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6 mistakes property investors make in supported living 


A wooden figure next to a collapsing pile of jenga bricks


When I developed my first supported living property I could not find any property investors talking about supported living on social media. I set up the Supported Living Property Facebook group to try and find other people and bring people together.   I felt supported living was an amazing way to invest in property that met a real need in society, and I wanted others to know about it so that together we could create the homes that were needed. 


In the last few years I have seen a complete turn around. Everyone seems to be talking about supported living, sadly there are those who are in this space for the wrong reasons who are abusing the system and their poor practice is causing damage.  So much so supported living is almost being seen as a scam by some commentators.   This is heartbreaking as there is still a real need for quality property and most of the providers I speak to, do not have access to enough property to meet the rising need they are seeing.  


So to help keep you safe I thought it would be helpful to write about the 6 main mistakes I am seeing property investors making:  

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1. Mortgage

Most buy to let mortgages will not allow you to lease a property to a supported living provider and will not allow supported living tenants to live in the proeprty.  Many property investors do not understand that they need to get a supported living compliant mortgage in place, or worse still they know they do they just choose not to!  Not having the right property finance in place can put you at risk and can also risk supported living tenants being evicted 

2. Insurance 

Many property investors assume any buy to let insurance product will be ok, they do not realise that when leasing your property to supported living providers you may need a different insurance product.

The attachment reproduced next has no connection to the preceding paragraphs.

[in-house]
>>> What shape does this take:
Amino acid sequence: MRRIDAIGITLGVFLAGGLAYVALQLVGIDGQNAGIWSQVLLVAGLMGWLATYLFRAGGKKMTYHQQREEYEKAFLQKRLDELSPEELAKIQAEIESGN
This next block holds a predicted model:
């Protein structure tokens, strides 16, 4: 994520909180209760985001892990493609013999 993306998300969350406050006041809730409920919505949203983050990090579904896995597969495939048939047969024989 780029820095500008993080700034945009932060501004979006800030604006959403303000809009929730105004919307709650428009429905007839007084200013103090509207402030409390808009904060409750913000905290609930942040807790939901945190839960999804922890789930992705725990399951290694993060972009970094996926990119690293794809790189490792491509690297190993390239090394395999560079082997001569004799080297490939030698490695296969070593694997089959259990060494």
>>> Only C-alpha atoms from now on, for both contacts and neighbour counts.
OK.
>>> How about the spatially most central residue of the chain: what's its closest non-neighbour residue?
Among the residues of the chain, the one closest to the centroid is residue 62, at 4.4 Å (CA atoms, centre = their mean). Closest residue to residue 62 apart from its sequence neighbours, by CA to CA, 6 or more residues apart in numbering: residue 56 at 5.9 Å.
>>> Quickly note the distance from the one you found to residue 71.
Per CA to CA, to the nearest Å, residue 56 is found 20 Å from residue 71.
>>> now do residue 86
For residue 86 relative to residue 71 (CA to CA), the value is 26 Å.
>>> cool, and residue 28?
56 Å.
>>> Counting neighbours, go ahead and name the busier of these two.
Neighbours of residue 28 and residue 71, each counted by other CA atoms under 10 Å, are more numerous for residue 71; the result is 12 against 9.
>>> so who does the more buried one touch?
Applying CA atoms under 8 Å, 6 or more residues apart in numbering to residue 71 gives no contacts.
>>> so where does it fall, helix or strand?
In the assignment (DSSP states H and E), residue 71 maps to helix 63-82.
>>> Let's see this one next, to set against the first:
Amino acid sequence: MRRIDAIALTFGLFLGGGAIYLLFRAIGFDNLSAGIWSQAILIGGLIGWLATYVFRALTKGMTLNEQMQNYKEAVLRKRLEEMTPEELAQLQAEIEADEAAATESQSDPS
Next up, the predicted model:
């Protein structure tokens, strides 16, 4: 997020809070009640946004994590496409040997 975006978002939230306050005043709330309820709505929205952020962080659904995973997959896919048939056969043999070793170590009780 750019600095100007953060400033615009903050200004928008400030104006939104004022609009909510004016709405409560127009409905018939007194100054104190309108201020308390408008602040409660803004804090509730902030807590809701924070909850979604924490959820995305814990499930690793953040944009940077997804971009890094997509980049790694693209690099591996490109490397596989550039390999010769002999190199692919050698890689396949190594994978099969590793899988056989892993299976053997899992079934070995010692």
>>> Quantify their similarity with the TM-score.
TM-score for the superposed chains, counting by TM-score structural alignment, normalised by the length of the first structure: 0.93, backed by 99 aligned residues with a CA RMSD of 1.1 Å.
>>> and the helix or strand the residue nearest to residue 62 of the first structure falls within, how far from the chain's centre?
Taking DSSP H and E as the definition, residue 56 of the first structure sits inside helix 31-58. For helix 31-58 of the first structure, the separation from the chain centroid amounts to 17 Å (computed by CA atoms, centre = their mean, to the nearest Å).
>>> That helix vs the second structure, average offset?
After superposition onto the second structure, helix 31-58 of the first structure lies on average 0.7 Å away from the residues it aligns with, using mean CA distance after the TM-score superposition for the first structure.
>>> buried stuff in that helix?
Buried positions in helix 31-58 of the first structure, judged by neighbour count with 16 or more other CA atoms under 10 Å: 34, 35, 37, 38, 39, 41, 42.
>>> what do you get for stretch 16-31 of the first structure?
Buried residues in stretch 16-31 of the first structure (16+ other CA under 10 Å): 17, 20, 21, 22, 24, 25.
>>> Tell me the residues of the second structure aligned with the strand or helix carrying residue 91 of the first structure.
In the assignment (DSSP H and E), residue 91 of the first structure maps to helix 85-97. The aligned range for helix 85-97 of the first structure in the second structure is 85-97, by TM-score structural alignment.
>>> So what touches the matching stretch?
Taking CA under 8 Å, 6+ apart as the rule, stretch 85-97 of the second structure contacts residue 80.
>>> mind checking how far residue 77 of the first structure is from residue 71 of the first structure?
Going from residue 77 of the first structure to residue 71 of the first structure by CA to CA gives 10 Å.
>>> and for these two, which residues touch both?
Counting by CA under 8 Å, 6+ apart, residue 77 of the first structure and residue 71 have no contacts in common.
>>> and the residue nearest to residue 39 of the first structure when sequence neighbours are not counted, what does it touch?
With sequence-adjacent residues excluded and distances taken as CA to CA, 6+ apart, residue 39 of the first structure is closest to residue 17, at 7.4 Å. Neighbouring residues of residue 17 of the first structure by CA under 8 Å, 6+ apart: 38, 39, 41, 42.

To protect your property and yourself it is important that you have the right insurance in place. Make sure the insurer knows about the lease arrangement and the type of tenants living in the property so that you know you have the right product in place and your asset is protected. 


3. Expecting long leases 

I speak to property investors who have heard about 25 or even 40 year lease and expect that they will be able to get a lease of this length.  They do not understand the changes in the sector and pressure the regulatory bodies are placing on organisations to be compliant. It is important to understand the pressures supported living providers are under and how you can work with them.  

It may be far better for all to have a 5 year lease that keeps being renewed than the push a provider to sign a longer lease that may put their organisation at risk.  

4. Expecting crazy high rents 

There are still property investors out there who expect a highly inflated rent when they lease a property to a supported living provider.  They do not understand that supported living rents are under scrutiny by local authorities.  They do not understand sustainability and how supported living providers are funded, they do not understand that often to pay these very high rents the provider may have to take money from the support budget or other funding and this will mean the tenants are not getting the support they need.   This may result in the organisation failing and the provider defaulting on payments.   

Of course, property investors need to make a return on their investment, but when negotiating rents try not to be greedy, find a rent that work for all parties involved and this will result in a long term secure investment.  

5. Not understanding leases 

I hear of people signing leases that they do not understand, they are signing without getting a lease checked by a suitable lawyer and so they do not understand what they are entering into. Unless you are very used to reading leases it is a good idea to get any lease checked over by a good commercial property lawyer before you sign anything.  


6. Not doing due diligence  

I hear from property investors who have signed leases with providers and are then surprised when the provider goes bust, they got excited they had a provider interested in their property and did not take time to do due diligence on the provider before they signed the lease.  It is important to understand who you are signing the lease with, how they are funded and structured and whether they are the kind of organisation you wish to work with or not.  


Many of these mistakes come down to a lack of education around supported living.  It is easy to get excited about the benefits, but it is important you understand what you are doing to keep you and your property business safe.  If you want to learn more about supported living property investing and how to do it maximise the befits while minimising the risks, then please have a look at the options I have for property investors: Supported Living Property Training.

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